Allison’s breakthrough was the discovery of a sort of secret handshake that cancer uses to evade the immune system, and a means to block that handshake—what the Nobel committee hailed as “a landmark in our fight against cancer,” which has “revolutionized cancer treatment, fundamentally changing the way we view how cancer can be managed.” (Allison’s co-recipient was Tasuku Honjo of Kyoto University.) Advances in cancer typically come in 50-year increments; the science that Allison and Honjo helped advance, cancer immunotherapy, has made a generational leap seemingly overnight.

More here.

Scott Atran: Does Society Need Religion?

Scott Atran in Psychology Today:

When French President Emmanuel Macron declared during a visit to the Vatican this past summer that, “We have, anthropologically, ontologically, metaphysically, need of religion” (Nous avons, anthropologiquement, ontologiquement, métaphysiquement, besoin de la religion), there was little critical analysis in the press, much less by philosophers and scientists, of the moral, historical, or evidentiary basis of such a sweeping claim by the leaderof one of the world’s first and most revolutionary secular regimes. What follows is an attempt to make sense of President Macron’s claim in the current European and global socio-political context, in part with the aid of recent research in Europe, North Africa, and the Middle East from our teamat Artis International and the Centre for the Resolution of Intractable Conflict at Oxford.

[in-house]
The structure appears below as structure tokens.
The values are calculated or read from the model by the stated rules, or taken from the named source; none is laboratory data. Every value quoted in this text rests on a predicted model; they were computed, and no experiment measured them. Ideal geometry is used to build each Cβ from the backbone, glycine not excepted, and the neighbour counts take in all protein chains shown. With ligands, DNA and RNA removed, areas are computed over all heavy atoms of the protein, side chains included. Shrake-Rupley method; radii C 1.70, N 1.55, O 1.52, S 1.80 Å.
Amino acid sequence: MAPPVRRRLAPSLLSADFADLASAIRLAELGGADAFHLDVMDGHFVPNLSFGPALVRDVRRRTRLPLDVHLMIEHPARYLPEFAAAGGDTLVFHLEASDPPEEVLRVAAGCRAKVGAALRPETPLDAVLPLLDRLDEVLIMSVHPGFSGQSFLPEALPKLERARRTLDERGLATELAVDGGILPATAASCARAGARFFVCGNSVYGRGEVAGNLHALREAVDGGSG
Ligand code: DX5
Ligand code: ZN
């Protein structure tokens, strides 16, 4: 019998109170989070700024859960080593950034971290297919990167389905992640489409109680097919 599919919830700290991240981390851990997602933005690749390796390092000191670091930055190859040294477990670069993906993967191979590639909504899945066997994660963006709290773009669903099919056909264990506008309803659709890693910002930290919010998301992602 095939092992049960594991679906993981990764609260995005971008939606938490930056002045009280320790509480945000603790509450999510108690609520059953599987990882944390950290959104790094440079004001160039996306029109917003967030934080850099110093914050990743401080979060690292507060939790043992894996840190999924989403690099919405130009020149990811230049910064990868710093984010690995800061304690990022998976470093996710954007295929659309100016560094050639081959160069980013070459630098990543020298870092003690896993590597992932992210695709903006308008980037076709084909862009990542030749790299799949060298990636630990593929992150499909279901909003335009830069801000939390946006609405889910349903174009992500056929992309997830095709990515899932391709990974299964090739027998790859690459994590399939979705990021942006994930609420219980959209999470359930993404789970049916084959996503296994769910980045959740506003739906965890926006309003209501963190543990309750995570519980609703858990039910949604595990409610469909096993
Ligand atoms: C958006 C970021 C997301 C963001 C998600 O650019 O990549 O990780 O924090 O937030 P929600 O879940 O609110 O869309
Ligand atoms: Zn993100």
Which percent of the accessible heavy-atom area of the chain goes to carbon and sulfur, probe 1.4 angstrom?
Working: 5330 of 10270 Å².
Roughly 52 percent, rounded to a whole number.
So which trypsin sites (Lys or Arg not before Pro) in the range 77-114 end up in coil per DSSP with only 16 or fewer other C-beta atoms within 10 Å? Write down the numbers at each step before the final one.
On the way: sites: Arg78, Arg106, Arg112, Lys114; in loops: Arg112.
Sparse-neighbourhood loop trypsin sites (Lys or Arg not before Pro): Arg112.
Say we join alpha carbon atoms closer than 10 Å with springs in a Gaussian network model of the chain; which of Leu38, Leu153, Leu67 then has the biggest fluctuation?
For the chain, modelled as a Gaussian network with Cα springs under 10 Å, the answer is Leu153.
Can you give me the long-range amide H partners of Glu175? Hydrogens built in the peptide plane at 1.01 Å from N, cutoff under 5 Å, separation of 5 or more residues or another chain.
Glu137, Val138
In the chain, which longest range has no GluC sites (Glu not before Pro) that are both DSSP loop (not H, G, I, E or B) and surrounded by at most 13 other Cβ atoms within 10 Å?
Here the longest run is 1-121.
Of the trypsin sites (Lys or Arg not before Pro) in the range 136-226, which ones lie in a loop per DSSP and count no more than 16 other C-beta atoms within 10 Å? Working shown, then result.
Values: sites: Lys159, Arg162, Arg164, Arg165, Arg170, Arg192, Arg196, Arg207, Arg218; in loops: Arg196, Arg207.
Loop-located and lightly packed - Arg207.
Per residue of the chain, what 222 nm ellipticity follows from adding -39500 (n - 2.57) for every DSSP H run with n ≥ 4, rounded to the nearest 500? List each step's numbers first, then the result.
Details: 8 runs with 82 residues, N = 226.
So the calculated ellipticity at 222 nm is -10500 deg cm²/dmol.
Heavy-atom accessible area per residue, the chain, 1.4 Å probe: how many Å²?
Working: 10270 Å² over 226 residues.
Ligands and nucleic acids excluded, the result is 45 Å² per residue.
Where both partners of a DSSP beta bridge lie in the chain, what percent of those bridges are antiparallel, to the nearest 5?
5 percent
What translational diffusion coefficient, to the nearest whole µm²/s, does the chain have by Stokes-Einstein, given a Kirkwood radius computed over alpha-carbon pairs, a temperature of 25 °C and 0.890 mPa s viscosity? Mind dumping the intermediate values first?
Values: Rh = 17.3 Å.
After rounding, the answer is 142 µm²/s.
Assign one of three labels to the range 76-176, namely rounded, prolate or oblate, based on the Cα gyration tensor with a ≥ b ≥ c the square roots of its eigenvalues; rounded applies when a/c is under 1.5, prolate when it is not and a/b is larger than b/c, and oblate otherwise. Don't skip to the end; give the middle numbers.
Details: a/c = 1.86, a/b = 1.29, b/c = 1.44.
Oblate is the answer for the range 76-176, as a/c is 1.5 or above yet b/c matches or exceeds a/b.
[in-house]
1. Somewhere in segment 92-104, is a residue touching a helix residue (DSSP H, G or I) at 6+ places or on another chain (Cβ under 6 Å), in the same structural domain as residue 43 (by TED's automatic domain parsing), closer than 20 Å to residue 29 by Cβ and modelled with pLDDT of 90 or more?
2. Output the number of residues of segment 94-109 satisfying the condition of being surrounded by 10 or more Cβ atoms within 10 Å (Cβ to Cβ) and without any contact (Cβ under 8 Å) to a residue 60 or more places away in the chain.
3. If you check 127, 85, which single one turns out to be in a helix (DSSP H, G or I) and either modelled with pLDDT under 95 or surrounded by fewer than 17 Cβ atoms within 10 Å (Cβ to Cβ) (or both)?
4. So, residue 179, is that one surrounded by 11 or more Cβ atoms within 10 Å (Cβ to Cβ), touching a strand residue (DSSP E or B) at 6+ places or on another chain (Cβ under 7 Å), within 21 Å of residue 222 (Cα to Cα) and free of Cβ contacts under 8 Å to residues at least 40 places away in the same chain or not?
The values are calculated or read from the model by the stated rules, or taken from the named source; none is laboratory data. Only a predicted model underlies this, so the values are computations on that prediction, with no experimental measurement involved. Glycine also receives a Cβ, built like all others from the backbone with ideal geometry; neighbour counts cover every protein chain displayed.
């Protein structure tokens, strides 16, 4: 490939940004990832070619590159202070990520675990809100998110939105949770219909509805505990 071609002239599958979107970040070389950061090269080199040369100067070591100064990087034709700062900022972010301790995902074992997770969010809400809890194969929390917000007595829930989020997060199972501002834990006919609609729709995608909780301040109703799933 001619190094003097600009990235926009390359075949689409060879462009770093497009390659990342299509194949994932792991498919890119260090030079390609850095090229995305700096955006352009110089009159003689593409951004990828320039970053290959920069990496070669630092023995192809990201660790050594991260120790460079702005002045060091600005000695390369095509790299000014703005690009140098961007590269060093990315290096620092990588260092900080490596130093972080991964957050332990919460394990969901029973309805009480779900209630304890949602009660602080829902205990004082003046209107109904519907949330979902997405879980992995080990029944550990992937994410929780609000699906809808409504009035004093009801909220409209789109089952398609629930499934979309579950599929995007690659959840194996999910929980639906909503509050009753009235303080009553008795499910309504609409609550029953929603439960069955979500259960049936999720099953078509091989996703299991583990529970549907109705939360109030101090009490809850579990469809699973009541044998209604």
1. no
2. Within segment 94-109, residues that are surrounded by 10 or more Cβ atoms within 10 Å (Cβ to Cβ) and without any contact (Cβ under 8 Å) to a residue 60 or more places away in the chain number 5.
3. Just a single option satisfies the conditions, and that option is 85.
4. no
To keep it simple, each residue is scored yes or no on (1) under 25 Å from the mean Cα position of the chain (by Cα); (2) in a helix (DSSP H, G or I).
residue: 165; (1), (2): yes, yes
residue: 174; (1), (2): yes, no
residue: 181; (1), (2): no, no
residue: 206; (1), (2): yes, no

The values of liberal and open democracy appear to be losing ground worldwide to xenophobic ethno-nationalisms and radical religiousideologies. The “creative destruction” associated with global markets has transformed people from the planet’s farthest reaches into competitive players seeking progress and fulfillment through material accumulation and its symbols, but without a sense of community and common moral purpose. The forced gamble of globalization especially fails when societies lack enough time to adapt to unceasing innovation and change.